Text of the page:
But even after Dale asked his question I still could not bring myself to face the frightening reality of my polio years. I backed away from that mental wall once again, but, my grandson’s question had created cracks in the wall and tiny glimpses of my dreadful polio experiences began to seep through. Over the next two decades I knew that trying to chronicle my polio experiences could help me to heal, but each time I began to write, I pulled back into the safety of the present.

 

Twenty-three years passed before the second question picked me up and threw me against that wall so hard that I could not avoid it. My youngest granddaughter, Noel, phoned. After a cheerful hello, she asked, “Grandpa, do you think my children should be vaccinated?”

How long did it take you to write your book?

Much longer than any of the novels I had previously written. Once I decided to write Polio and Me, a decision that took more than twenty years, I spent a couple of years trying to figure out the format, or style, I would use. I knew that I did not want to write a “woe is me” tome, so after at least a dozen attempts, I settled on my story, along with the history of polio, the virus, and the chronicle of developing the vaccine.

To put a time frame on the total project, I would say at least five years.

How long have you been publishing your work?

My first published magazine article, Scotland’s Secret Golf Treasures, was published in Golf Illustrated Magazine in August of 1996. I published golf and travel articles during the next eleven years.

My published novels:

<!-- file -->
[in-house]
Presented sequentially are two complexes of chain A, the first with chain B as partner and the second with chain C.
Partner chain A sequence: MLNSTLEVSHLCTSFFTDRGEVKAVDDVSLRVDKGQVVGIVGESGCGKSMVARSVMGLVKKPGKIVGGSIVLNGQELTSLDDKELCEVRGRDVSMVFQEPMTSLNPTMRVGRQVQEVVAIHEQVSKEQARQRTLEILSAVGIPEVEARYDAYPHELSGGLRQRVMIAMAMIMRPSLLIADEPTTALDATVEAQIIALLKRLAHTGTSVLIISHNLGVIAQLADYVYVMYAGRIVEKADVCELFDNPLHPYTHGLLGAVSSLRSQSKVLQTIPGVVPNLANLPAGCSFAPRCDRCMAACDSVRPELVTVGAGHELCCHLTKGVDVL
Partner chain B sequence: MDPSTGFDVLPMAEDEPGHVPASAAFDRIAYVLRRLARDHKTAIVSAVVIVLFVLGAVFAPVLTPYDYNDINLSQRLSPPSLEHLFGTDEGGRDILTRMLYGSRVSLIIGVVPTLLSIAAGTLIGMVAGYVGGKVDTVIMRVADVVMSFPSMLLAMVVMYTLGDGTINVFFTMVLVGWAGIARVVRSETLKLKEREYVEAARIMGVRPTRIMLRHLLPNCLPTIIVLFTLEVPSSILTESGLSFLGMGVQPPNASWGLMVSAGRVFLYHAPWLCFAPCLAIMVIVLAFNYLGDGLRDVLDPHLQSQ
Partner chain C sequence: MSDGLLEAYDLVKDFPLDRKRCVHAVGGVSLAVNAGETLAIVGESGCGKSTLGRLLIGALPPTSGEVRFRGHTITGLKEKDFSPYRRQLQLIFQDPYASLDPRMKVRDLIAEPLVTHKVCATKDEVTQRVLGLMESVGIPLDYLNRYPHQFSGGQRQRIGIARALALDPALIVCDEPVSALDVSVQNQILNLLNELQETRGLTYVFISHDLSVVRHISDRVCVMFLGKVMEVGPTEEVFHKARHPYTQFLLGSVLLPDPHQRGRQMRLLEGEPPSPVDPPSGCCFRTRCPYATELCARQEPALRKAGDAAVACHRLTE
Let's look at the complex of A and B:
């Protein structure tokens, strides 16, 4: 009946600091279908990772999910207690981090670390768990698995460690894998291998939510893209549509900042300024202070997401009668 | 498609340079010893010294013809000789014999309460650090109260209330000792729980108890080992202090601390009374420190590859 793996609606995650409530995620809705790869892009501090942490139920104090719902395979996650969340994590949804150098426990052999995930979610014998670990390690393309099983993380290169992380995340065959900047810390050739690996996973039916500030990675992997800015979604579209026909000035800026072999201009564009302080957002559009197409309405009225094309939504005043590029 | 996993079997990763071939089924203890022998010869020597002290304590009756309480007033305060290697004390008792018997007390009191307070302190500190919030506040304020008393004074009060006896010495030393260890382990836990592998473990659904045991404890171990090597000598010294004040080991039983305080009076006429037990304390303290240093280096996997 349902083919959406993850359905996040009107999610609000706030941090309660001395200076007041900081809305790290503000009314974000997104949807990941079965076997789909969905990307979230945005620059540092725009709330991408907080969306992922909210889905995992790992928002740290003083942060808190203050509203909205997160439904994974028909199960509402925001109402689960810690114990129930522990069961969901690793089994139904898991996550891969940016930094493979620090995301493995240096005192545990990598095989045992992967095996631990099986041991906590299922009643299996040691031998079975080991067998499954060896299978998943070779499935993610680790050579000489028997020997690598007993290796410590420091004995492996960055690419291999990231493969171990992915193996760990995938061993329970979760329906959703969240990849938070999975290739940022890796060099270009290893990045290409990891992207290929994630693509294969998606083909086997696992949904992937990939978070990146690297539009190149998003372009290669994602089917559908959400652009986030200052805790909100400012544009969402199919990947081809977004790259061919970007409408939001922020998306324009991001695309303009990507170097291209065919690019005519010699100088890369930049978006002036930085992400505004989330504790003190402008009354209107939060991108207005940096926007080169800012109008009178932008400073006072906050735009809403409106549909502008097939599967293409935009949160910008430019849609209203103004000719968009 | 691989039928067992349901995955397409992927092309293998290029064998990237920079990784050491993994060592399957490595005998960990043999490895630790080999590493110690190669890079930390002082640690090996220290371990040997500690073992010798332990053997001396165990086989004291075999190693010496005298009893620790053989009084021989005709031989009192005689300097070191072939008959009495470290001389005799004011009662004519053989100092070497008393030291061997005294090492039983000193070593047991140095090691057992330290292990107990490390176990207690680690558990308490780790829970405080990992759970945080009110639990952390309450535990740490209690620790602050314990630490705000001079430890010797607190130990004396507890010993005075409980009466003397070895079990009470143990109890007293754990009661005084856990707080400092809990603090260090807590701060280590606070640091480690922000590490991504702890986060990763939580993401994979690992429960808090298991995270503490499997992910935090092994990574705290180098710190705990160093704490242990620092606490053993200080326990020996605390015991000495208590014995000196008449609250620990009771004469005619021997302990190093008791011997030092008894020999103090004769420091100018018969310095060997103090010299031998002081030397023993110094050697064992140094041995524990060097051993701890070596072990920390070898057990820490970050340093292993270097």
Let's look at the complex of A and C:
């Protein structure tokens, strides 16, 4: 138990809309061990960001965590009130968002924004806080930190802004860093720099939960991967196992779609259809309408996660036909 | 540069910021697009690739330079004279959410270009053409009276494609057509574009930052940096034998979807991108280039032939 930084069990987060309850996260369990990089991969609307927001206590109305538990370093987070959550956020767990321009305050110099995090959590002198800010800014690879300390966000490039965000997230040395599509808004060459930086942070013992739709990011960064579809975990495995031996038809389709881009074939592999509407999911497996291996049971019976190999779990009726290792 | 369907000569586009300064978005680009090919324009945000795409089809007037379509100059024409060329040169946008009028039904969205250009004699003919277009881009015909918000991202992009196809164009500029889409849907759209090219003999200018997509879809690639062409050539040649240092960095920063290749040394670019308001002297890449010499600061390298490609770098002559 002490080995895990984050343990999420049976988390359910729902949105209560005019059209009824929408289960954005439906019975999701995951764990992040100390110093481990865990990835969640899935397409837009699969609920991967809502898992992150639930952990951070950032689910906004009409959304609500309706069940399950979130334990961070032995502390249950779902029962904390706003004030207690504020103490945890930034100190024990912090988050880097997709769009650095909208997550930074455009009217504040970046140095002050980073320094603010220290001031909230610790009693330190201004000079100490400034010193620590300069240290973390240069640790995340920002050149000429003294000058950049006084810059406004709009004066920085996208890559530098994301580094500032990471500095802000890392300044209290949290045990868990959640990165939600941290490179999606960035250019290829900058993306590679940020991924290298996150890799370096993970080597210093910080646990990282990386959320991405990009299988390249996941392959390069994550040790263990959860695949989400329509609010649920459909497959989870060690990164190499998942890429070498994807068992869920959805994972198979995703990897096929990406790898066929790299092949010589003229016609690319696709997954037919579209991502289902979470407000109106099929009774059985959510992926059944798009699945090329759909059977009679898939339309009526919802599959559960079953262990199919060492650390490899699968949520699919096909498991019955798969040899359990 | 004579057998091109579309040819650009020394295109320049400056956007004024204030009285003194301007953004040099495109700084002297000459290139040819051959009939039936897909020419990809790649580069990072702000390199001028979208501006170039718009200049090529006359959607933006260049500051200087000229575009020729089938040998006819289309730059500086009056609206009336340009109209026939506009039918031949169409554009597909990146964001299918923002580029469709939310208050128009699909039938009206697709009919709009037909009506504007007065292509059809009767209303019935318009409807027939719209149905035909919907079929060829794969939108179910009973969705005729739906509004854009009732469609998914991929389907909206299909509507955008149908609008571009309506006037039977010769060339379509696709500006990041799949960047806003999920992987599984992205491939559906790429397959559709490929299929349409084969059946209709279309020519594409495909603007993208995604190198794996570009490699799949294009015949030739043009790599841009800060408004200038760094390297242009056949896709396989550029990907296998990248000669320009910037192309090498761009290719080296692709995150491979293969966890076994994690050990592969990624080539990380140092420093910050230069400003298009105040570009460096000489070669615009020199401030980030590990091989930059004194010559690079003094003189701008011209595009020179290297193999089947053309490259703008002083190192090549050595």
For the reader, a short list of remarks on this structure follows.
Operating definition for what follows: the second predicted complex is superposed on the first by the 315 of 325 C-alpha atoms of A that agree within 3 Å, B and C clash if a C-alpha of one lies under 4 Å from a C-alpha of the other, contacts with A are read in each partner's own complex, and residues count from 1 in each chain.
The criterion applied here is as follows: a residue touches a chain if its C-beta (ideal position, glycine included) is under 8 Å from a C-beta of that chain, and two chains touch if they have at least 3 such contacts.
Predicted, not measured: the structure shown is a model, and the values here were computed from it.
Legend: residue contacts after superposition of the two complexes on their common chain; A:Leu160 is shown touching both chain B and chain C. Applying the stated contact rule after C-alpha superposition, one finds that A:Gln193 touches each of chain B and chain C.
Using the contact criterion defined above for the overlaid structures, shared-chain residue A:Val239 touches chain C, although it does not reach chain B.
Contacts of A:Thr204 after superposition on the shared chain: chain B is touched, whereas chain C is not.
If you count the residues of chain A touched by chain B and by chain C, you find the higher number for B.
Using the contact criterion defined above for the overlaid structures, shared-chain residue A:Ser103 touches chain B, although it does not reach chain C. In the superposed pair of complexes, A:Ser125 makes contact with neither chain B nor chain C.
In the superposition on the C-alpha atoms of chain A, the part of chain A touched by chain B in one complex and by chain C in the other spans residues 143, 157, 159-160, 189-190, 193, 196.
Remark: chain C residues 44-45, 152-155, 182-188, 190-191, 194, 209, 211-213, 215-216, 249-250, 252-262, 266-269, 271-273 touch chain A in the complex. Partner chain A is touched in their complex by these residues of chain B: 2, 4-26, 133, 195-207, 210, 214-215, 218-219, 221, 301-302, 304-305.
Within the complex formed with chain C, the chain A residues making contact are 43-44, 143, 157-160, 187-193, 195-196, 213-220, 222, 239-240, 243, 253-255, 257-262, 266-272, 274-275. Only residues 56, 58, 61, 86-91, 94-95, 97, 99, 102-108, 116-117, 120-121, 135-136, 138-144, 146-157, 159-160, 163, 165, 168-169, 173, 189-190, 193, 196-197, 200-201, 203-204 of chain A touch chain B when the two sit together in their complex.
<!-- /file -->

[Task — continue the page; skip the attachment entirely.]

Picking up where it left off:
The Bloody Birthright, 2009

The Big Show Stopper, 2010

Death is a Cabernet, 2011

The Tartan Shroud, 2012

Brother, can you spare a dime? 2014

The Unsavory Critic, 2016

What does your writing environment look like?

I have my office on the second floor of my home. Inside my office I have a desk, a laptop, and a window on my left that overlooks the garden below. Before I write a word, I stream music from Radio Swiss Classic, or play music from my own classical playlist so I have Beethoven, or Mozart, or something in the background at all times.

During the summer months I have been known to pick up my laptop and move to my back deck where I sit at my patio table and write.

Also, when the inspiration hits, I will write while waiting in an airport, riding a train, or a boat on a river, as I seem to be able to shut out most distractions.

Do you have any routines to help you write?

I write four to five days a week and find it is easier to have an office where I can go and be left alone. Many days I will sit down to write in the morning and the next thing I will hear is my wife’s voice telling me that dinner is ready. Or, after tapping a keyboard for five to six hours, I will realize that it is my turn to cook dinner, so I will put the laptop to sleep and head downstairs to the kitchen.

One other crazy thought concerning routines. Many times, when I go to bed, I find it difficult to shut off my brain. That used to bother me, but now, if I cannot go to sleep, or I wake up after a couple of hours, I get up and write.